B.C. Education Minister Peter Fassbender.

B.C. Education Minister Peter Fassbender.

Ready enters talks as BCTF mulls two-week strike truce

Pause in picketing would allow schools to open on time, open window for mediation if BCTF agrees

The province has proposed a two-week truce with striking teachers to at least allow B.C. schools to reopen as scheduled next week while a mediated settlement is pursued.

The idea of a cooling-off period allowing classes to start while mediated talks proceed was put to B.C. Teachers Federation president Jim Iker by Education Minister Peter Fassbender and government negotiator Peter Cameron.

There was no deal between the two sides but both sides said progress was made in the 90-minute meeting Wednesday afternoon and mediator Vince Ready agreed to begin exploratory talks Thursday.

The BCTF has not yet responded to the proposal but Iker indicated he needed union membership approval to halt picketing and urged full mediation to begin immediately.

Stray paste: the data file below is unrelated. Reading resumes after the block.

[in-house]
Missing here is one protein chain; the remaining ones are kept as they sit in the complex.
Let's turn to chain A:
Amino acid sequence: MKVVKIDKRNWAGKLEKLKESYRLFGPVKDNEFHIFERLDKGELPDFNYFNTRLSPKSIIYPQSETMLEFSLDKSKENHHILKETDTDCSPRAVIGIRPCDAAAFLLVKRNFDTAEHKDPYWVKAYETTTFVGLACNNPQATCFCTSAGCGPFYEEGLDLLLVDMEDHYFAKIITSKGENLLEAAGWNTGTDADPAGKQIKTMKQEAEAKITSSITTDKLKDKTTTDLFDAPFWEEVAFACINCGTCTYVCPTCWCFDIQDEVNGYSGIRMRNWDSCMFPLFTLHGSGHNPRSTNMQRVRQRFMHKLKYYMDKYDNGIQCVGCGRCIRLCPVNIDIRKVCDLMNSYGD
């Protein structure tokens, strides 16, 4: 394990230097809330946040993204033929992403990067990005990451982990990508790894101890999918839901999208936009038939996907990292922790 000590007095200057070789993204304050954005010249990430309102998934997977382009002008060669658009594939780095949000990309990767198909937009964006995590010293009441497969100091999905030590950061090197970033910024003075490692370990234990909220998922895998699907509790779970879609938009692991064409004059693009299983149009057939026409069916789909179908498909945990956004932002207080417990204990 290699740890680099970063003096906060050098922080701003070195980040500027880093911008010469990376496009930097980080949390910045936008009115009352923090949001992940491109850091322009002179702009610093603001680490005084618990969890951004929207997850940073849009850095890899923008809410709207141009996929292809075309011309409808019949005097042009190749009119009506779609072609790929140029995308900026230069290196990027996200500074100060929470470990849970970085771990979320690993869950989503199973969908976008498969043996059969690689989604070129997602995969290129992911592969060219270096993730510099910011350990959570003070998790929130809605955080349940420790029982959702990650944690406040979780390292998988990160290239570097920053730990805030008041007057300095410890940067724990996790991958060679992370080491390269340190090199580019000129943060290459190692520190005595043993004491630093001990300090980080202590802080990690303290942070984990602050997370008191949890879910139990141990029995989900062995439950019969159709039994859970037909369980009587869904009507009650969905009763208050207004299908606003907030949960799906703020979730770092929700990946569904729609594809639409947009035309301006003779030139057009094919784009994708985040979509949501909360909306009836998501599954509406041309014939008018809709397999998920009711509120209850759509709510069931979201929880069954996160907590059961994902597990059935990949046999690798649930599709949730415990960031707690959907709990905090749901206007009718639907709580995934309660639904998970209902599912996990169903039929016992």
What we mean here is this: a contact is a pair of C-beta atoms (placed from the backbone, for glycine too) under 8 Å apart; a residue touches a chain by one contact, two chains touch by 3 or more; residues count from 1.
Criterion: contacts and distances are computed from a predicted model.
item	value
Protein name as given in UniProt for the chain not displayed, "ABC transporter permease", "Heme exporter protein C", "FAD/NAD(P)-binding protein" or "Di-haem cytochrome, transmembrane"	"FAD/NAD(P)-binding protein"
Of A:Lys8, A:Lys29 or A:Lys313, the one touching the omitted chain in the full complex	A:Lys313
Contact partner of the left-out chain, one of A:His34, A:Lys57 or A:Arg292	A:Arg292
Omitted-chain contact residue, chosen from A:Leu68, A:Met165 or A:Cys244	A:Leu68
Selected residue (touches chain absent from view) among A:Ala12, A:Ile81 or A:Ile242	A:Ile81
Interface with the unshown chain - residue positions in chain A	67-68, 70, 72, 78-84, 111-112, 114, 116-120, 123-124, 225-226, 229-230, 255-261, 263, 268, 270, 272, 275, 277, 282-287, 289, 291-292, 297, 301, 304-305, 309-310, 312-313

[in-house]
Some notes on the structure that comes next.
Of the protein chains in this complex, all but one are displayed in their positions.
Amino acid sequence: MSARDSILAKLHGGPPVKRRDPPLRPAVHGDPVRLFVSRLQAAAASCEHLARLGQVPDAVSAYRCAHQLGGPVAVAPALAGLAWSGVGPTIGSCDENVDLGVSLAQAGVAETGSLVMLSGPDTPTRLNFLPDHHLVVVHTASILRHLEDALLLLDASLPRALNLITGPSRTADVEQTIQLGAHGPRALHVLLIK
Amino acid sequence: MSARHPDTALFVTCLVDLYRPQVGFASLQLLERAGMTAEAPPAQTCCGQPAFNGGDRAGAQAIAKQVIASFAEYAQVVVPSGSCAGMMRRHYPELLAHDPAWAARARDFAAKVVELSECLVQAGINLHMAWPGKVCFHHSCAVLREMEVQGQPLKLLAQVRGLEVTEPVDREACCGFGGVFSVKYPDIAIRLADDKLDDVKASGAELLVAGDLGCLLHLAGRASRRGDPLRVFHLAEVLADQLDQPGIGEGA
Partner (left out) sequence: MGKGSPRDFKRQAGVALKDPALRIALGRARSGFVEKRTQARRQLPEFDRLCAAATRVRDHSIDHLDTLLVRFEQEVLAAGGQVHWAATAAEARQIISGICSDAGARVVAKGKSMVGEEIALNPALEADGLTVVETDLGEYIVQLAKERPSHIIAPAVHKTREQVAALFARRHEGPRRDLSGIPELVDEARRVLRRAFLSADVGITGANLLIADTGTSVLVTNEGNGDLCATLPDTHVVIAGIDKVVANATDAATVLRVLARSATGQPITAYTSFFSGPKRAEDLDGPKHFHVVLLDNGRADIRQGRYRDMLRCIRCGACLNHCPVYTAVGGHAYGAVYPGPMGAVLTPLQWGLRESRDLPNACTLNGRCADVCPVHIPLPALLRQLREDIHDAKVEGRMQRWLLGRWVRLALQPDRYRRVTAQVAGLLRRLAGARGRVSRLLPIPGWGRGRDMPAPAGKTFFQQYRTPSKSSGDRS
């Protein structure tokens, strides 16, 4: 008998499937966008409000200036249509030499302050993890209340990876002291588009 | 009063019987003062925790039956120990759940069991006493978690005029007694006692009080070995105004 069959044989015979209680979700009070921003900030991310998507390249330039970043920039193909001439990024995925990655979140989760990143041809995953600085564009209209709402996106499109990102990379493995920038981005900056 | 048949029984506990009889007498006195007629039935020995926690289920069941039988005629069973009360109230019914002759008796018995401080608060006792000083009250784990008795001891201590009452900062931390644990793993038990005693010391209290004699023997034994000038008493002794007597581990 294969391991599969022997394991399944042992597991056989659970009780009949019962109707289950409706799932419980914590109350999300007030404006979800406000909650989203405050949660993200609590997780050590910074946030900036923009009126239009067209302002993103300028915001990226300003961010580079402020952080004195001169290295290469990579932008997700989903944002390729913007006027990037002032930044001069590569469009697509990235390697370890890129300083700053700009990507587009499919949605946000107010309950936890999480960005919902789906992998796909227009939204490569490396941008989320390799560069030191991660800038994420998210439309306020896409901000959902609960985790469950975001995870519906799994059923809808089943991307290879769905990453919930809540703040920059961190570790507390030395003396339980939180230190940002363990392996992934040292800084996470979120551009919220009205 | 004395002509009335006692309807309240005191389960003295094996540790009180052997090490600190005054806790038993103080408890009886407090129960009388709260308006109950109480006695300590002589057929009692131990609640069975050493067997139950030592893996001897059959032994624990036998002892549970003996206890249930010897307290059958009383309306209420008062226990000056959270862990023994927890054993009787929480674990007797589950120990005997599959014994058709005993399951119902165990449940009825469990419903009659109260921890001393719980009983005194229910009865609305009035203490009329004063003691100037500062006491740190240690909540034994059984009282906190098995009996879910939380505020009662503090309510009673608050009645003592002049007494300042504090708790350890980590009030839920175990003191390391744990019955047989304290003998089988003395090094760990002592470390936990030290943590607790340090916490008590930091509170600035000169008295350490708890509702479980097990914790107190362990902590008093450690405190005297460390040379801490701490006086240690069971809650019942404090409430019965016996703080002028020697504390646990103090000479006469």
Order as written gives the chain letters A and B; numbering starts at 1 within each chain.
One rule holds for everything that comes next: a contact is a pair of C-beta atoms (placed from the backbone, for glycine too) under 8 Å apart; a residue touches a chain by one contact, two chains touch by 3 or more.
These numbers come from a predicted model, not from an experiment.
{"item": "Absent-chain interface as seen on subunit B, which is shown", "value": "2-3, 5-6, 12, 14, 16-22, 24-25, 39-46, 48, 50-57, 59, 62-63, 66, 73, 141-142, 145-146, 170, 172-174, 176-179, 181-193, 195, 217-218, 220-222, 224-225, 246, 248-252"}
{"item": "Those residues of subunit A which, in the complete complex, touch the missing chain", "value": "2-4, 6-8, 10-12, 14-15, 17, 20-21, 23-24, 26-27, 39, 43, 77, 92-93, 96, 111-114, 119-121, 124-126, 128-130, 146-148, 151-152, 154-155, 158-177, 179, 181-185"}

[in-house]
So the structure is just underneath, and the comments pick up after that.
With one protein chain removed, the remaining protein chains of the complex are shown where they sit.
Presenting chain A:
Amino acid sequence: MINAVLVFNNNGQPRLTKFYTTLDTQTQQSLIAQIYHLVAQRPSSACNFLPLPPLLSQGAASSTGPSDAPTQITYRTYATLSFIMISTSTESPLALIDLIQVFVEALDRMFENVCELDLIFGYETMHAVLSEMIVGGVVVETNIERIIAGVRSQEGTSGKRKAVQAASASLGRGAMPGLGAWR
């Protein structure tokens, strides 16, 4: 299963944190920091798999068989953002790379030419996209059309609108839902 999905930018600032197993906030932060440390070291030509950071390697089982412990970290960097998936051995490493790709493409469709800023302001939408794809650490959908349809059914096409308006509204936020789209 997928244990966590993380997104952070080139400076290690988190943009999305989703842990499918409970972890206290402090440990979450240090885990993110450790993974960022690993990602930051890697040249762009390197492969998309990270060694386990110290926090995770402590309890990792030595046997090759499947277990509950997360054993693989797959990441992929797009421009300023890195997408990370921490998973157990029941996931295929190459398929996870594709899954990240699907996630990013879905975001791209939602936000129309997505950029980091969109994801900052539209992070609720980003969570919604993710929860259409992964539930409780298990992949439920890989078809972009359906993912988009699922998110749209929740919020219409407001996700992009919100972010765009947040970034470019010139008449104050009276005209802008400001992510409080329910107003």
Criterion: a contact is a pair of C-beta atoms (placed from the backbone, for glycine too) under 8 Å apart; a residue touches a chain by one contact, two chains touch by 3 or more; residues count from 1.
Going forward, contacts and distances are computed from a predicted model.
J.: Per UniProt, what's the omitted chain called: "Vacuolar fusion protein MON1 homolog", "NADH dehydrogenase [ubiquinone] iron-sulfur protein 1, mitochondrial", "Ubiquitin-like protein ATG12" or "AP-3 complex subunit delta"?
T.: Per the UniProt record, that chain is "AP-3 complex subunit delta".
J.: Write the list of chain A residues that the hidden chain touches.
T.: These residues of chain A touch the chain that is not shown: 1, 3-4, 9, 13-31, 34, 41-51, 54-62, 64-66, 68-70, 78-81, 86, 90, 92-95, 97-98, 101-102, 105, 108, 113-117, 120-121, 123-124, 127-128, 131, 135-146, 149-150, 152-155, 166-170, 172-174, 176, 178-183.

Fassbender told Black Press he’s surprised and disappointed the union head wouldn’t quickly agree to a strike suspension.

“I had hoped, maybe unrealistically, that Mr. Iker was in a position to agree that there was nothing there that compromised their ability to negotiate with a mediator in the room, that we could see school commence on Tuesday so that students can learn and teachers can be paid,” the minister said.

“We are just asking them to voluntarily stand down and let classes start while the parties are in mediation.”

The B.C. Public School Employers Association would also suspend lockout activity if the truce goes ahead.

Ready is only expected to enter full mediation if he decides the two sides get close enough to put a deal in reach.